# If the charset has no header encoding (i.e. it is an ASCII encoding)
        # then we must split the header at the "highest level syntactic break"
        # possible. Note that we don't have a lot of smarts about field
        # syntax; we just try to break on semi-colons, then commas, then
        # whitespace.  Eventually, this should be pluggable.
        if charset.header_encoding is None:
            for ch in self._splitchars:
                if ch in string:
                    break
            else:
                ch = None
            # If there's no available split character then regardless of
            # whether the string fits on the line, we have to put it on a line
            # by itself.
            if ch is None:
                if not self._current_line.is_onlyws():
                    self._lines.append(str(self._current_line))
                    self._current_line.reset(self._continuation_ws)
                self._current_line.push(encoded_string)
            else:
                self._ascii_split(string, ch)
            return
        # Otherwise, we're doing either a Base64 or a quoted-printable
        # encoding which means we don't need to split the line on syntactic
        # breaks.  We can basically just find enough characters to fit on the
        # current line, minus the RFC 2047 chrome.  What makes this trickier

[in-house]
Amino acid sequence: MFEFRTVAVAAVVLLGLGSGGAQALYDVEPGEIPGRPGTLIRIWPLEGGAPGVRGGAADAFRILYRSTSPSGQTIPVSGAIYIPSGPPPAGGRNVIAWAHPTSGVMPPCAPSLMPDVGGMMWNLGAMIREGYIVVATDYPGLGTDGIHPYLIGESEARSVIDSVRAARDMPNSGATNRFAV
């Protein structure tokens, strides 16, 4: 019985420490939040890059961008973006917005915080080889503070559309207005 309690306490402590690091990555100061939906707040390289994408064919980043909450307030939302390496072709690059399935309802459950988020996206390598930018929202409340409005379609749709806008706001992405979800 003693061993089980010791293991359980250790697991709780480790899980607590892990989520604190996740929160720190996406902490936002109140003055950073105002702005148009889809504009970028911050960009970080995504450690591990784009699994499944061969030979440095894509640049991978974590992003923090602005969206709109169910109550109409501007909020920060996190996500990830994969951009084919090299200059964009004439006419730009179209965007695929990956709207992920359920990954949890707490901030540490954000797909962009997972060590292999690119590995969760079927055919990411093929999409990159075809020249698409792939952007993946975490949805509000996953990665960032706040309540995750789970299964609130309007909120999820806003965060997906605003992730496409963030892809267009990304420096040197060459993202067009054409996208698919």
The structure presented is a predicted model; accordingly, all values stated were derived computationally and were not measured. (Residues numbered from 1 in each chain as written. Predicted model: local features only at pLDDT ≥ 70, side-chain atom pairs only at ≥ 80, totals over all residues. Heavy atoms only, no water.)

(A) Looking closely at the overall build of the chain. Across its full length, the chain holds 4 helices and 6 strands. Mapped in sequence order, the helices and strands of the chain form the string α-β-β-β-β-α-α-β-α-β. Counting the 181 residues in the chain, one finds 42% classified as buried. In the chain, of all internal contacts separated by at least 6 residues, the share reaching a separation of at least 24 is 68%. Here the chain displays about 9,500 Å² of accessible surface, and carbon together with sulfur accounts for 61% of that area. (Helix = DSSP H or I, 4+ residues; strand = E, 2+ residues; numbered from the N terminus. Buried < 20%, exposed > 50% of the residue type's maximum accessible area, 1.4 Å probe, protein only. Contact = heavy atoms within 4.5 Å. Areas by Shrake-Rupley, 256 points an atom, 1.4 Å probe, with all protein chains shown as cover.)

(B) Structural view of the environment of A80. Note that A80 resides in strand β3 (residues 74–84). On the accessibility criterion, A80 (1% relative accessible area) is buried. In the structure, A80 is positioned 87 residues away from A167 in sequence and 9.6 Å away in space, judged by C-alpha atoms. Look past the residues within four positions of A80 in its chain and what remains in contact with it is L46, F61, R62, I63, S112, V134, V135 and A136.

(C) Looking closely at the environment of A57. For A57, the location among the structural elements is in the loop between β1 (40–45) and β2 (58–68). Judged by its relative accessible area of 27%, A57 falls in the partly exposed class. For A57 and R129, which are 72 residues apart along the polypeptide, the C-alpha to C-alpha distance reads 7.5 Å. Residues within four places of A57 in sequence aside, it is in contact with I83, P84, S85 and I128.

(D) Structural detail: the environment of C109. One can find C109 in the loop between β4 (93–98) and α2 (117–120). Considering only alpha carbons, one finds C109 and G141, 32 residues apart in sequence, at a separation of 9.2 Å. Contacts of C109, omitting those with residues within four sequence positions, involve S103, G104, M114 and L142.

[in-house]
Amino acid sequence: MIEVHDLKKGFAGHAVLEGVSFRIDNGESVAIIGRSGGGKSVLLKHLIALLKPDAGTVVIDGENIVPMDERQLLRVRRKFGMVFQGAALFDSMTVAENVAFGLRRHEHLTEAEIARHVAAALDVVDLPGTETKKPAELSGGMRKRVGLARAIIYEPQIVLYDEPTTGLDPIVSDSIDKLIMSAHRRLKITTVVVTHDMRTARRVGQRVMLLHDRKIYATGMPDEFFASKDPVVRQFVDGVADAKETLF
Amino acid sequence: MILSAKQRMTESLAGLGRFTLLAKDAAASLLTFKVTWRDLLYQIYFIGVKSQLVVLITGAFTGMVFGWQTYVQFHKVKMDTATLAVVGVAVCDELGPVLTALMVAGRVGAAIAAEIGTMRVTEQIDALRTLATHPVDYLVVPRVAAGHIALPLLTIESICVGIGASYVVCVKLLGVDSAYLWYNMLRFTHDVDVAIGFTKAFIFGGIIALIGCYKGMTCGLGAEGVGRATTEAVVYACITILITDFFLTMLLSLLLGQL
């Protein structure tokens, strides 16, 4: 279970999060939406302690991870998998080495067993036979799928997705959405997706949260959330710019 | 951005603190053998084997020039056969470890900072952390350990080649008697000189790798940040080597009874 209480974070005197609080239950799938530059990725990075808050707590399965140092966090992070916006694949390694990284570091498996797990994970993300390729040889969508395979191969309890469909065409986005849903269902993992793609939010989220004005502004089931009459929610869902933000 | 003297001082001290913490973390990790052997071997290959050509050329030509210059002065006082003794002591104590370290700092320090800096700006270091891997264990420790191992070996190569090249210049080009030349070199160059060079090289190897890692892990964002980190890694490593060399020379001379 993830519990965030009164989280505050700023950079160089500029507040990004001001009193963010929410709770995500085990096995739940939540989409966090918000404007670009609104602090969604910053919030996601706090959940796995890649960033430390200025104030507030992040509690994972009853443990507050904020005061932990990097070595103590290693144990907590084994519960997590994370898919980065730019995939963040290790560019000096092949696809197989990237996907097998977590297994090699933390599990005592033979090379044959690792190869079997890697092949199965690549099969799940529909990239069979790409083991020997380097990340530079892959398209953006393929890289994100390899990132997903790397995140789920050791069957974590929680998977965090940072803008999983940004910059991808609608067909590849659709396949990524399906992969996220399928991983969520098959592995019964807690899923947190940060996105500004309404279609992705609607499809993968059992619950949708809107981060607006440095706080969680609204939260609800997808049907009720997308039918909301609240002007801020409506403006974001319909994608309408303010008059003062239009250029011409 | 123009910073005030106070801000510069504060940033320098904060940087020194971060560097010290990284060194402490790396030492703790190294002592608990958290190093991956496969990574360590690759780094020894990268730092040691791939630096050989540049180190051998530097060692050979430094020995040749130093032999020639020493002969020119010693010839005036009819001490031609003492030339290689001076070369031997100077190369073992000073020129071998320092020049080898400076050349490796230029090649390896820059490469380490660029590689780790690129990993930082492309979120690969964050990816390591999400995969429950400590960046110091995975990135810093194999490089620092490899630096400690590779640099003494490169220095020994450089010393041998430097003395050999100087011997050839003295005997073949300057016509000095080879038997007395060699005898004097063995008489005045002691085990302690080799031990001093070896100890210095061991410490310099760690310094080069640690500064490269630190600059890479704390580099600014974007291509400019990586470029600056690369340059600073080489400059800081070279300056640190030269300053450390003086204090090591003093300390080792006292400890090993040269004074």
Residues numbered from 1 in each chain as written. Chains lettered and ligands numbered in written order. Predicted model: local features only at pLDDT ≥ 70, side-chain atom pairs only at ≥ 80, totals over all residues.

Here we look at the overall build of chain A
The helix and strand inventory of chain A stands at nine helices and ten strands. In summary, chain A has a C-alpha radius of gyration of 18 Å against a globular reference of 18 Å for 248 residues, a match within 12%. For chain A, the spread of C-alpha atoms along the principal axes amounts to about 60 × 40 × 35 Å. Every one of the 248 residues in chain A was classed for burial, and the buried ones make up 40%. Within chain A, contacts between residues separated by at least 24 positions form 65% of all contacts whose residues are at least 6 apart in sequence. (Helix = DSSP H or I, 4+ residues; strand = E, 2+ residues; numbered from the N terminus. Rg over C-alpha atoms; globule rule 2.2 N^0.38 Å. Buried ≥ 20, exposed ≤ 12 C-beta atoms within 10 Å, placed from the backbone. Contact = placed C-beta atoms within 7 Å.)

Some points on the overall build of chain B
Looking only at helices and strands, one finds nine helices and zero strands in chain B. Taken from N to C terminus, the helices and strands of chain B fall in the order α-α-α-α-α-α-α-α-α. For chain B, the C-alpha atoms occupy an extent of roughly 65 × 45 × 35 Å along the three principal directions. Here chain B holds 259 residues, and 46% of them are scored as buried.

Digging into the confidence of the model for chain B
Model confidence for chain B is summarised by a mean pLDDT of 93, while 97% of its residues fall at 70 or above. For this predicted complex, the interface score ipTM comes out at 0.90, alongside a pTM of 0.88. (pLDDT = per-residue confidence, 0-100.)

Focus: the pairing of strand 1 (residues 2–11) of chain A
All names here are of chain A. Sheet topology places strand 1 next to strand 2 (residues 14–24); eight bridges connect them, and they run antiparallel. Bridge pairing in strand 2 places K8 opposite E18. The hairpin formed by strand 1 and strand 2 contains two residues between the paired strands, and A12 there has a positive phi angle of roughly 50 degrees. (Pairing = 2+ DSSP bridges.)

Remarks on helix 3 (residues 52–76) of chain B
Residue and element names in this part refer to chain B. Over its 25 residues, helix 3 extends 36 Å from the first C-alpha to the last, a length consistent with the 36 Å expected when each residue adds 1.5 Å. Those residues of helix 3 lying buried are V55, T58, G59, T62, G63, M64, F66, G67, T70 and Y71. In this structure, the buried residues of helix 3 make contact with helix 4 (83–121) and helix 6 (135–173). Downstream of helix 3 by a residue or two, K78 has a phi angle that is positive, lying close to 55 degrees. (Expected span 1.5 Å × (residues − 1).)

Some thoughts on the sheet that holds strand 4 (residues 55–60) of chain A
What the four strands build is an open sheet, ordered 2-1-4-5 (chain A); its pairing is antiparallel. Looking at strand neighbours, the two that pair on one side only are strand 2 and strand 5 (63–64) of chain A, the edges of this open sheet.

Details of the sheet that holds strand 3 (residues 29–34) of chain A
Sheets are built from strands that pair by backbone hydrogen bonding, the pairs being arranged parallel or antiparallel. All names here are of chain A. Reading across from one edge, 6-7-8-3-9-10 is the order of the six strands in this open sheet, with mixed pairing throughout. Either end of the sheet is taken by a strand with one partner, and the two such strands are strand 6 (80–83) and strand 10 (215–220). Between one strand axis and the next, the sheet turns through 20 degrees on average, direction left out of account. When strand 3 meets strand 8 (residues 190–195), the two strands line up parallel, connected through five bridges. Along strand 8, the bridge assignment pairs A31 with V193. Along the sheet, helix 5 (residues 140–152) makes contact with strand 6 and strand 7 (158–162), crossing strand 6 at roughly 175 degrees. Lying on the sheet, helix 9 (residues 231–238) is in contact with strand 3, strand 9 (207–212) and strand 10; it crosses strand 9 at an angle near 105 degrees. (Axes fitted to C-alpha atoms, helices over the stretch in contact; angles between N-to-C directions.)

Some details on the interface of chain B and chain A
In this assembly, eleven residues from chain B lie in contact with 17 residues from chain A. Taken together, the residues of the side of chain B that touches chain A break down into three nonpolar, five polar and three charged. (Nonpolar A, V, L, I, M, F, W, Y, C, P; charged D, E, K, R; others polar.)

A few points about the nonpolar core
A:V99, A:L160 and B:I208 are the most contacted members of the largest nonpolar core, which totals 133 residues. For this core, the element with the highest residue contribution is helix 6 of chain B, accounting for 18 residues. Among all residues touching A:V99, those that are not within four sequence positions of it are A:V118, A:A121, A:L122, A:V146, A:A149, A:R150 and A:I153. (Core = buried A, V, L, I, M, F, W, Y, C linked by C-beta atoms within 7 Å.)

# though is that we have to split at octet boundaries, not character
        # boundaries but it's only safe to split at character boundaries so at
        # best we can only get close.
        encoded_lines = charset.header_encode_lines(string, self._maxlengths())
        # The first element extends the current line, but if it's None then
        # nothing more fit on the current line so start a new line.
        try:
            first_line = encoded_lines.pop(0)
        except IndexError:
            # There are no encoded lines, so we're done.
            return
        if first_line is not None:
            self._current_line.push(first_line)
        self._lines.append(str(self._current_line))
        self._current_line.reset(self._continuation_ws)
        try:
            last_line = encoded_lines.pop()
        except IndexError:
            # There was only one line.
            return
        self._current_line.push(last_line)
        # Everything else are full lines in themselves.
        for line in encoded_lines:
            self._lines.append(self._continuation_ws + line)

    def _maxlengths(self):
        # The first line's length.